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Tag Archives: Medtronic

2010 Canadian Healthcare Review: Success and Momentum Building

We had just finished the Q3 2010 report when I attended BioContact Québec in early October and the mood was discouraging. My co-author on these reports (James Smith, VP-Healthcare at Equicom) was in San Francisco in January for the annual JP Morgan conference and he described the overall mood as optimistic. What happened in those three months?

The subtitle for the 2010 Canadian Healthcare Review (pdf) is “Successes and Momentum Building.” The momentum building comes partially from the increased financing which occurred in Q4, and which appears to be continuing in 2011 – Bioniche’s Australian tranche and Paladin Labs’ bought deal.

The momentum also comes from the clinical and regulatory successes in 2010. Three novel products developed by Canadian companies were approved – Cardiome’s IV BRINAVESS (vernakalant), Theratechnologies’ EGRIFTA (tesamorelin), and one which we tend to forget because it was acquired by Medtronic in 2008 is CryoCath’s Arctic Front cryoablation system. Cipher and Labopharm also had specialty pharma products approved and many companies were successfully progressing products through Phase 2 and 3 clinical trials.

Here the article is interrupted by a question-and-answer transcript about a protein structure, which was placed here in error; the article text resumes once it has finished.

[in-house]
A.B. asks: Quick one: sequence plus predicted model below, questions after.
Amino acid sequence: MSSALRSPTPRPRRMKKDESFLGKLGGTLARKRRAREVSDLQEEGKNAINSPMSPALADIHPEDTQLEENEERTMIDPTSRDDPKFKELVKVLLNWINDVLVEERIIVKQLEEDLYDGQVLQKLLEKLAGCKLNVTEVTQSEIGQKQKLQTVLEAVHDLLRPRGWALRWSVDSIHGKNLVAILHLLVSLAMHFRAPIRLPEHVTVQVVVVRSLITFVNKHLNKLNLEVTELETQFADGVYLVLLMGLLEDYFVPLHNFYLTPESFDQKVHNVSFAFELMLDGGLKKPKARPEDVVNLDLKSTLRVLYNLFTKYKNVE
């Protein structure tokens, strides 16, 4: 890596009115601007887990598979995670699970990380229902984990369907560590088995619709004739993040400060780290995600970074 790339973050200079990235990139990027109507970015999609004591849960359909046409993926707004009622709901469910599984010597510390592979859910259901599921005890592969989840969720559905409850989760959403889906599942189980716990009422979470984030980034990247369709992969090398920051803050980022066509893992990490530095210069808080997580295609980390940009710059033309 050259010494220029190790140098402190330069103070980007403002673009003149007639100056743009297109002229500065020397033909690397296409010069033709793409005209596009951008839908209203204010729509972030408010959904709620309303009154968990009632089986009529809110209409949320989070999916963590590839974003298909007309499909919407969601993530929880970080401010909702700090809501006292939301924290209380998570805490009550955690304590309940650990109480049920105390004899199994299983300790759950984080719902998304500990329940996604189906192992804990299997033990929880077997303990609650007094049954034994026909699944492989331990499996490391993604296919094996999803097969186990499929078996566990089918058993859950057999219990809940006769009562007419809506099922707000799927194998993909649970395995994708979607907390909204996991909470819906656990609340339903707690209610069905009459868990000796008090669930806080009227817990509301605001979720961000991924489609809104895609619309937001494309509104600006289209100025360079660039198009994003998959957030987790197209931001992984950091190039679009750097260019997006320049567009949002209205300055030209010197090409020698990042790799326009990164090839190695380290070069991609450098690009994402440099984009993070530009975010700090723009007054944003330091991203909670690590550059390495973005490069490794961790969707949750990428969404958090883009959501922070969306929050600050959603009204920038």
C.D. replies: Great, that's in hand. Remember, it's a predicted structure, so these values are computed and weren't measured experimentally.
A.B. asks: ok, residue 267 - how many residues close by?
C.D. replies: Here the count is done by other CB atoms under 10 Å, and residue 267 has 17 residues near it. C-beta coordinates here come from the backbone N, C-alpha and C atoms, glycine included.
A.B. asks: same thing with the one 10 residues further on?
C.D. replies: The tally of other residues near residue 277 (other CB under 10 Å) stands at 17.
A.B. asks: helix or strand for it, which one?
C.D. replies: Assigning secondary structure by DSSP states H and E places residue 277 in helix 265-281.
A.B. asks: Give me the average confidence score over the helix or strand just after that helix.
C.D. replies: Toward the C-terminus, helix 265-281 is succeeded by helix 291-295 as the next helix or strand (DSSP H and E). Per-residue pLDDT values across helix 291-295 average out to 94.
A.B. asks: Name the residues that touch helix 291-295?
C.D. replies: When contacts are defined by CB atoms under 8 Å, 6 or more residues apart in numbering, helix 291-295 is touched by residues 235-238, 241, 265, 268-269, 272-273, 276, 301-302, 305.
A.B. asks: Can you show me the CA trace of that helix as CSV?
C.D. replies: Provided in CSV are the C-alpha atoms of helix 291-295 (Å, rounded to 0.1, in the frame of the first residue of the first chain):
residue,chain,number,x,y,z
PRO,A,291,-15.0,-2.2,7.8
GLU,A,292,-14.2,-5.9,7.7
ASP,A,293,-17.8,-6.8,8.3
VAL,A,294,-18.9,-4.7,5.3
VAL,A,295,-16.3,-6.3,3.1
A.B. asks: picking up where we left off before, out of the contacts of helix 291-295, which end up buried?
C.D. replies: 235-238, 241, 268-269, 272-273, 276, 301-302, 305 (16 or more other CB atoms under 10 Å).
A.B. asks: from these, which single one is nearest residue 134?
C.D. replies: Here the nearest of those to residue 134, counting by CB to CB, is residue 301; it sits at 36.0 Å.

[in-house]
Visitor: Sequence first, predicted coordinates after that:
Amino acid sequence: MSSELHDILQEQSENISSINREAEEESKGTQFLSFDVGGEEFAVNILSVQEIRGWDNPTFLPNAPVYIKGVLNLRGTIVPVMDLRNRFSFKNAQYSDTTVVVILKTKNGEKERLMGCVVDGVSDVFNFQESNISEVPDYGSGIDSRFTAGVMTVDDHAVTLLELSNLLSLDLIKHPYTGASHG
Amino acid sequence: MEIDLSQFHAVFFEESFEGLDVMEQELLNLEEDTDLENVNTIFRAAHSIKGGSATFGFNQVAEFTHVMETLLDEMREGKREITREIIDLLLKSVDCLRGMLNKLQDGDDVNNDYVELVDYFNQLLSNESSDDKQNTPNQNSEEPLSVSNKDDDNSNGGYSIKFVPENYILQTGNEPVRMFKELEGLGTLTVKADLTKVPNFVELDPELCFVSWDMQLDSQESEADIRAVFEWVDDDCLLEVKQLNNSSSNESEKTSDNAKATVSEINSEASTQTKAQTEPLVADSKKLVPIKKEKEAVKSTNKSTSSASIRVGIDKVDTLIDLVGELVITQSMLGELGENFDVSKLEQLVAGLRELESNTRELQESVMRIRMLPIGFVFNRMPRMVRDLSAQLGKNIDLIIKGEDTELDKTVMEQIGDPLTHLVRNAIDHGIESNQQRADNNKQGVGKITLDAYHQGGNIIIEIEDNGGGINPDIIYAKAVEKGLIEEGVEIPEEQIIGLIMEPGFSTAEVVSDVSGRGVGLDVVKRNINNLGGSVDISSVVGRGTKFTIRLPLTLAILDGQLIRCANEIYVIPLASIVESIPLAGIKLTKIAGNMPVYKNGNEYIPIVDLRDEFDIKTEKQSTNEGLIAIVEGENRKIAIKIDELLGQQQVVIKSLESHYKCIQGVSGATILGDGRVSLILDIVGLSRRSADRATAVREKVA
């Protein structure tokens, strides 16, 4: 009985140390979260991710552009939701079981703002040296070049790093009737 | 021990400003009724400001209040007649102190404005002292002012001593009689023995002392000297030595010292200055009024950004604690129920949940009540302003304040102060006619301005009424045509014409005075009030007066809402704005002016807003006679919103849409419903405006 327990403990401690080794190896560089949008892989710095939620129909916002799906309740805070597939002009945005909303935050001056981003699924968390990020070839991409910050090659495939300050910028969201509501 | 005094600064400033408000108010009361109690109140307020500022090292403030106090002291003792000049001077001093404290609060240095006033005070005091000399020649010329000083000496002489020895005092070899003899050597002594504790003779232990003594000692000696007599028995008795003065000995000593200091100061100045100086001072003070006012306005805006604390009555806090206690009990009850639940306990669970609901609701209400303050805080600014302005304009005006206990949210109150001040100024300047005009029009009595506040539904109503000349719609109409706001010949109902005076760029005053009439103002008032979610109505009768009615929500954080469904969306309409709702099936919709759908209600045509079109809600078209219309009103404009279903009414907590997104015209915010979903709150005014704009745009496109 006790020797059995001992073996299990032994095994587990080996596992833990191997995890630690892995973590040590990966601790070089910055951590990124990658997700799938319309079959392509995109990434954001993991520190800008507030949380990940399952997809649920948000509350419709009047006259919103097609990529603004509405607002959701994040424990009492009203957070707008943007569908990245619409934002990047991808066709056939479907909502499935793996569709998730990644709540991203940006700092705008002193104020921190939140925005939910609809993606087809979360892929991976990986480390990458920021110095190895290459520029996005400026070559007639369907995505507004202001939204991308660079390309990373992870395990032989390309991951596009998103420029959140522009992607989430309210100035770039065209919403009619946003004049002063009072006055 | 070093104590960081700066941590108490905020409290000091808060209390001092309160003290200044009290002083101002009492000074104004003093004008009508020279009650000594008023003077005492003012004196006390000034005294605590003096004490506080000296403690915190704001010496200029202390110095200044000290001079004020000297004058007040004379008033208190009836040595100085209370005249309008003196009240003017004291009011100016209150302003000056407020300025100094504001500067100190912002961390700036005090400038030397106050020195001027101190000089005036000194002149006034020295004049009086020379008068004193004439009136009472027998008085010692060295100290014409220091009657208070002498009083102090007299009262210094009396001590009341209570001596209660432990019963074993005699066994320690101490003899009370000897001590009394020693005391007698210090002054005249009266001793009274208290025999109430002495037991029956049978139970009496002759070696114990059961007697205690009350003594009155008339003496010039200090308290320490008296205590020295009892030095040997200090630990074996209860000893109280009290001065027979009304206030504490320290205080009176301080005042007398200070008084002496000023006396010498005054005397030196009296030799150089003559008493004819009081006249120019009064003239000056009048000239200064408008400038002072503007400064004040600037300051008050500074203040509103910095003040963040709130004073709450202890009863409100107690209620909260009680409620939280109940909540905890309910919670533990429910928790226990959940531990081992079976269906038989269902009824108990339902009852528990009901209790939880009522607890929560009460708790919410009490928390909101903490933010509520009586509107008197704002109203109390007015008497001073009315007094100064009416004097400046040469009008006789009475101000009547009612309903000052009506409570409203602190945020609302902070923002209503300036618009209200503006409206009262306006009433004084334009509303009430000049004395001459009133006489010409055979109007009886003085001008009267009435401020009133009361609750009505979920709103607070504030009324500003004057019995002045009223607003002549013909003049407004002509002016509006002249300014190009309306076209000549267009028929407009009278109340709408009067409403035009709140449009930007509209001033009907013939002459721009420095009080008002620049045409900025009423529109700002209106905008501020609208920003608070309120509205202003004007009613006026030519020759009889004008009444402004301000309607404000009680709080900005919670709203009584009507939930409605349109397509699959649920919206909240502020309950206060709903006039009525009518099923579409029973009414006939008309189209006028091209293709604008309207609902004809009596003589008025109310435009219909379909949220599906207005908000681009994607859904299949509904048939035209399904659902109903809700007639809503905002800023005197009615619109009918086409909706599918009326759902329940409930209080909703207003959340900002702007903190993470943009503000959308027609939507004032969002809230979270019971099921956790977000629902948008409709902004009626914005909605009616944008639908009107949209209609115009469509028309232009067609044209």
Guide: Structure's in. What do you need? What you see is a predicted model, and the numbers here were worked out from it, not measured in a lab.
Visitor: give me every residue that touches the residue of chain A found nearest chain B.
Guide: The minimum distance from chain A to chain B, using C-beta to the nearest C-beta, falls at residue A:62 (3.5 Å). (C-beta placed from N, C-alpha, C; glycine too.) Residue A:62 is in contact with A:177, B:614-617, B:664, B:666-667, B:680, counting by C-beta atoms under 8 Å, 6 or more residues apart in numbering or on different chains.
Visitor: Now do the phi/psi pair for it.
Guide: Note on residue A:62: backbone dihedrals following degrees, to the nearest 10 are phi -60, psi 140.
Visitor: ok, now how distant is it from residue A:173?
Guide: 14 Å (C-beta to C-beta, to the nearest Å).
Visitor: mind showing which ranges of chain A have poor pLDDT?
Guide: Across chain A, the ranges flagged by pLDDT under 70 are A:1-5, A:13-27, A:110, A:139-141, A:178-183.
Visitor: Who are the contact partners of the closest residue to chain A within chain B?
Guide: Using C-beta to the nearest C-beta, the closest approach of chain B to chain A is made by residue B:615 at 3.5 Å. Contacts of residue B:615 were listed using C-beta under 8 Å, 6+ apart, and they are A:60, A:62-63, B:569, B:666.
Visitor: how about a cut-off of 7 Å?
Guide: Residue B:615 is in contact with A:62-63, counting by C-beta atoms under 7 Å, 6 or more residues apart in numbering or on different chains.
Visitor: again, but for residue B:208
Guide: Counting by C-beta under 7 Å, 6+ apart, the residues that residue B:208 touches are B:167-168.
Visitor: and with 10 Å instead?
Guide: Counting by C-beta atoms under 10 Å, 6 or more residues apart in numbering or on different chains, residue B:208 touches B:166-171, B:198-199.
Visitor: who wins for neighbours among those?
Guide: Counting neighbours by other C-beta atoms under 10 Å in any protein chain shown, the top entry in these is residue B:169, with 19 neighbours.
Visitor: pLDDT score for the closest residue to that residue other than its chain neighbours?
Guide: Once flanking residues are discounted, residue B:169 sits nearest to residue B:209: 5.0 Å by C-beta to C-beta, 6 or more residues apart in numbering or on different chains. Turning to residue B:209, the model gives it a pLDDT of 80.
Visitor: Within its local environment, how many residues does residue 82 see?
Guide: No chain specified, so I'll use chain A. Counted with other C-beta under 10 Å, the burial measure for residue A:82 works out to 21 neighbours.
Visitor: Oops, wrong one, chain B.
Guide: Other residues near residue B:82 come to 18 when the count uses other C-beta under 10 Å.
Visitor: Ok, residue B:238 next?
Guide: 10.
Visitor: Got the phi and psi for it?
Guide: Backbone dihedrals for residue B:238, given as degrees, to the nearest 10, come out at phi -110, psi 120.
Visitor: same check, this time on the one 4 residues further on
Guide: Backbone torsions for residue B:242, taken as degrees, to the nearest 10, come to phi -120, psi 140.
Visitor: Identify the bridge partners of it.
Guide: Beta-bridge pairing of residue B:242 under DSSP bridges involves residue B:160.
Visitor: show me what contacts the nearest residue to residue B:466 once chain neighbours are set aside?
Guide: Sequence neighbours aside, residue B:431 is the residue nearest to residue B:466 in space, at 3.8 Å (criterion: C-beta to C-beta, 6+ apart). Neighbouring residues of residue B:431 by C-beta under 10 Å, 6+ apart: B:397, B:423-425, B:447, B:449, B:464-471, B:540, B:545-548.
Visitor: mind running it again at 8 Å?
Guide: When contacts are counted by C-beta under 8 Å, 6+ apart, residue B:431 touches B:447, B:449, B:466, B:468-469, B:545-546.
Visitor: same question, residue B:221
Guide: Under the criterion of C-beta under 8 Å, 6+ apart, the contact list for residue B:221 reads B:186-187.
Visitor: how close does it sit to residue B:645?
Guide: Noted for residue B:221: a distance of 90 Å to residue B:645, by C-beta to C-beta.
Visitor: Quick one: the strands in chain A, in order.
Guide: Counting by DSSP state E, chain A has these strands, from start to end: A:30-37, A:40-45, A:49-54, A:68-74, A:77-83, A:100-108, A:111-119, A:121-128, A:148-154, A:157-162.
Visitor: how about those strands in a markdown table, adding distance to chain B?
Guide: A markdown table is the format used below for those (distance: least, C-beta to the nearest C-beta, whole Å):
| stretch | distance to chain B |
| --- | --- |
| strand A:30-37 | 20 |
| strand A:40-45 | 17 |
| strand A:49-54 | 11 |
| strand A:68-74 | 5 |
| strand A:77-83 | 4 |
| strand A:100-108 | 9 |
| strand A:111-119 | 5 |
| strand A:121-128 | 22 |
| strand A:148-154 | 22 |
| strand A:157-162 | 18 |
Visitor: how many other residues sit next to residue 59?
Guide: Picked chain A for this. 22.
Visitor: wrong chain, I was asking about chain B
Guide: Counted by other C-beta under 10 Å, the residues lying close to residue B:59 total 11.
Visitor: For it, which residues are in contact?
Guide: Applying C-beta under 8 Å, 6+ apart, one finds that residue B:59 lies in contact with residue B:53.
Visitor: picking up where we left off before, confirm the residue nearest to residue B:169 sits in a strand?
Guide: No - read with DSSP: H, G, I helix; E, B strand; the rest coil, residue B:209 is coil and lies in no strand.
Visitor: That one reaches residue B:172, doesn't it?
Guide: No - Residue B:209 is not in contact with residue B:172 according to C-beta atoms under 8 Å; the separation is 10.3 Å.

These successes are usually dwarfed by the failures but this was not the case in 2010. There were only two Phase 2 or 3 products for which development was terminated. There were three other products which had Phase 2 hiccups but for which product development is continuing. On balance, 2010 was a successful year for product development and regulatory approvals.

In any discussion of successes, we cannot forget the investors, who measure success by increases in share price. From a group of 105 companies we assessed, there were 17 companies with share price increases of 40% or more in 2010 (actually 18 as Nightingale Health Care should be added to the list). This is balanced by 32 companies which had share price decreases of 40% or more.

Success for the industry in 2011 will be defined by its clinical, regulatory and financing successes, and by share price performance of the companies. Some of the companies which made progress in 2010 with their Phase 2 and 3 clinical trials and regulatory filings will have data or decisions in 2011, while others will still be advancing their programs. If the industry is able to repeat the clinical and regulatory success rate of 2011, we expect that financing and share price performance will likely follow.

Corporate Liability Journal Article on Wyeth v. Levine, Reigel v. Medtronic and Medtronic v. Lohr